Lithium companies are looking to refine the crucial battery metal in Australia, where much of it is mined, in an effort to reduce shipping waste and develop new supply chains that bypass China.
The market for lithium—used in the production of electric batteries—is tight and likely to get tighter. Demand this year is expected to be 910,000 metric tons of lithium carbonate equivalent, or LCE, exceeding the 900,000 tons in supply. Benchmark Mineral Intelligence, which tracks the global battery supply chain, estimates that by 2030 around 2.7 million tons of LCE will be required annually, outstripping supply by 300,000 tons.
Around half of all lithium is mined in Australia, mainly in the mining-friendly jurisdiction of Western Australia. Most is shipped to China in a raw form called spodumene, which is about 6% lithium. Chinese companies refine it into lithium sulfate and then process it into the lithium hydroxide used to make cathodes for batteries.
China plays an outsize role in battery production, accounting for 44% of all lithium refining globally and 70% of battery cell production, according to Benchmark Mineral Intelligence.
Tees Valley Lithium, or TVL, a U.K.-based refiner is investing in a lithium-sulfate refining facility in Australia. The effort is expected to reduce the volume of lithium-related materials shipped by about 75% to 80%.
For Australian mining businesses, creating downstream processing facilities such as a sulfate hub and then spreading the cost would help to make the entire supply chain more efficient, said Ross Gregory, partner at New Electric Partners, an Australian consulting firm. The new processing facilities will bring more technical knowledge locally of chemical manufacturing and help the country advance along the lithium supply chain, he said.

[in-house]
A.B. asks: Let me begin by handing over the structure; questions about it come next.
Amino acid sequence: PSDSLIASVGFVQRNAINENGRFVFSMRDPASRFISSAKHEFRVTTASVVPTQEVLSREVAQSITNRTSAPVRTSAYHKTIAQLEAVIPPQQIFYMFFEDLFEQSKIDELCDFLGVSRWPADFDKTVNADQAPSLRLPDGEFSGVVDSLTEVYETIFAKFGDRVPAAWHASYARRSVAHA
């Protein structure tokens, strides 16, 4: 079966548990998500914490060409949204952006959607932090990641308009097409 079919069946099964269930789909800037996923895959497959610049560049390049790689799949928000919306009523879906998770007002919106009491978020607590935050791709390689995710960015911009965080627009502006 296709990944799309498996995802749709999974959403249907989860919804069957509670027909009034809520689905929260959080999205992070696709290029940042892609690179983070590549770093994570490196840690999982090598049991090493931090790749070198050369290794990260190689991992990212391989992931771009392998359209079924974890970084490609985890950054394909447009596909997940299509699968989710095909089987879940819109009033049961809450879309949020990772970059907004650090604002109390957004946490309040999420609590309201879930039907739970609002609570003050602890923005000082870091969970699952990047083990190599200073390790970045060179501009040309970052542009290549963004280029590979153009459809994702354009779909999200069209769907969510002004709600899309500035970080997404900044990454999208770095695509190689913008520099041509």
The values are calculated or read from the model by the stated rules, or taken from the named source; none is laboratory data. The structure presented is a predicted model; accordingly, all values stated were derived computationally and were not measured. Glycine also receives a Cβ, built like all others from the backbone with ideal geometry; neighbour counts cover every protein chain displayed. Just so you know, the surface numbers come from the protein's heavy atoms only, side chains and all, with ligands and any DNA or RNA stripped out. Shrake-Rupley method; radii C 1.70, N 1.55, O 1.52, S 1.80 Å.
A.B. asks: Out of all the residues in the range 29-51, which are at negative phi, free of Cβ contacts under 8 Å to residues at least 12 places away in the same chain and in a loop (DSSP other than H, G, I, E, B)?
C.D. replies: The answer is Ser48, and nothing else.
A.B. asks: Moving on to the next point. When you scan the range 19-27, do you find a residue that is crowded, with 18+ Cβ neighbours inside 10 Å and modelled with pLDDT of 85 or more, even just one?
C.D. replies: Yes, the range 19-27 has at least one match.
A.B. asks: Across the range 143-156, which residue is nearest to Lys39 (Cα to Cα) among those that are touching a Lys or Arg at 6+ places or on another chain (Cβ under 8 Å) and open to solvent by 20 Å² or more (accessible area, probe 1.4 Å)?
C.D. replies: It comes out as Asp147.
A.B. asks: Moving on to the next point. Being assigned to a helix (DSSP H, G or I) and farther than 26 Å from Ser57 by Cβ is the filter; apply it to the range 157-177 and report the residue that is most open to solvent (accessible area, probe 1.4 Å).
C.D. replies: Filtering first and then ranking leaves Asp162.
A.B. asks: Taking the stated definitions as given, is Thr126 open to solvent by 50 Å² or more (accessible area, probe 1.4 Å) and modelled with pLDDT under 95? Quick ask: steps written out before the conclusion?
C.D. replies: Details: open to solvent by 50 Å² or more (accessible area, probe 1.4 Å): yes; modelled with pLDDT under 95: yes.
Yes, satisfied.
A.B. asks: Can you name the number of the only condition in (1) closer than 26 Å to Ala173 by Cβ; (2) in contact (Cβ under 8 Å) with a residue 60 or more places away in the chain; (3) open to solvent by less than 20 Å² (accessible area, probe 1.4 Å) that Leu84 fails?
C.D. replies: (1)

Some companies also are building European facilities for the next stage of the process: refining lithium sulfate into lithium hydroxide. TVL this year plans to start construction on a lithium hydroxide refinery in the north of England that is expected to produce by mid-2025. Others, including Green Lithium Refining Ltd., are establishing similar plants in the area.
Chinese lithium producer Tianqi Lithium Corp. has also established a hydroxide plant in Western Australia, as a joint venture with Australian miner IGO Ltd.
These new facilities would eventually supply battery production facilities in places such as Germany and Sweden.
This month, TVL’s parent company, U.K.-based Alkemy Capital Investments PLC, announced a memorandum of understanding to supply lithium hydroxide to Recharge Industries Pty Ltd. Recharge, an Australian battery-manufacturing startup, earlier this month was selected as the preferred bidder for collapsed U.K. rival Britishvolt.
“It’s a move towards an intermediate strategy…away from mines and concentrates, to building value-added products in country,” said TVL Chief Executive John Walker.
Europe plans to add more renewable-energy capacity and wants to support industries like the automotive sector, meaning building out the lithium supply chain will be vital, say analysts. Lithium mining projects in Germany and Portugal have emerged, although the permitting process can be complex, particularly if there is local opposition. A prime example is Rio Tinto PLC’s $2.4 billion Jadar lithium project in Serbia, which was scrapped in early 2022 after local protests.
Chemical processing instead of mining raw materials, therefore, looks to be the near-term solution for Europe.
“Mining in Europe will not significantly contribute to meeting Europe’s demand for critical minerals this decade as it takes 10-15 years to reach commercial production capacity from a mine from the moment a resource discovery is made,” said Jeff Amrish Ritoe, an independent energy and raw-material adviser. A similar timeline has been floated to develop a recent rare-earths discovery in Sweden.
Mr. Ritoe said that relatively complex European permitting rules mean that companies will likely need to work with more mining-friendly jurisdictions such as Canada and Australia to meet the rising demand for lithium. In the meantime, new processing facilities can be built in three to five years, creating more opportunities for lithium mining companies.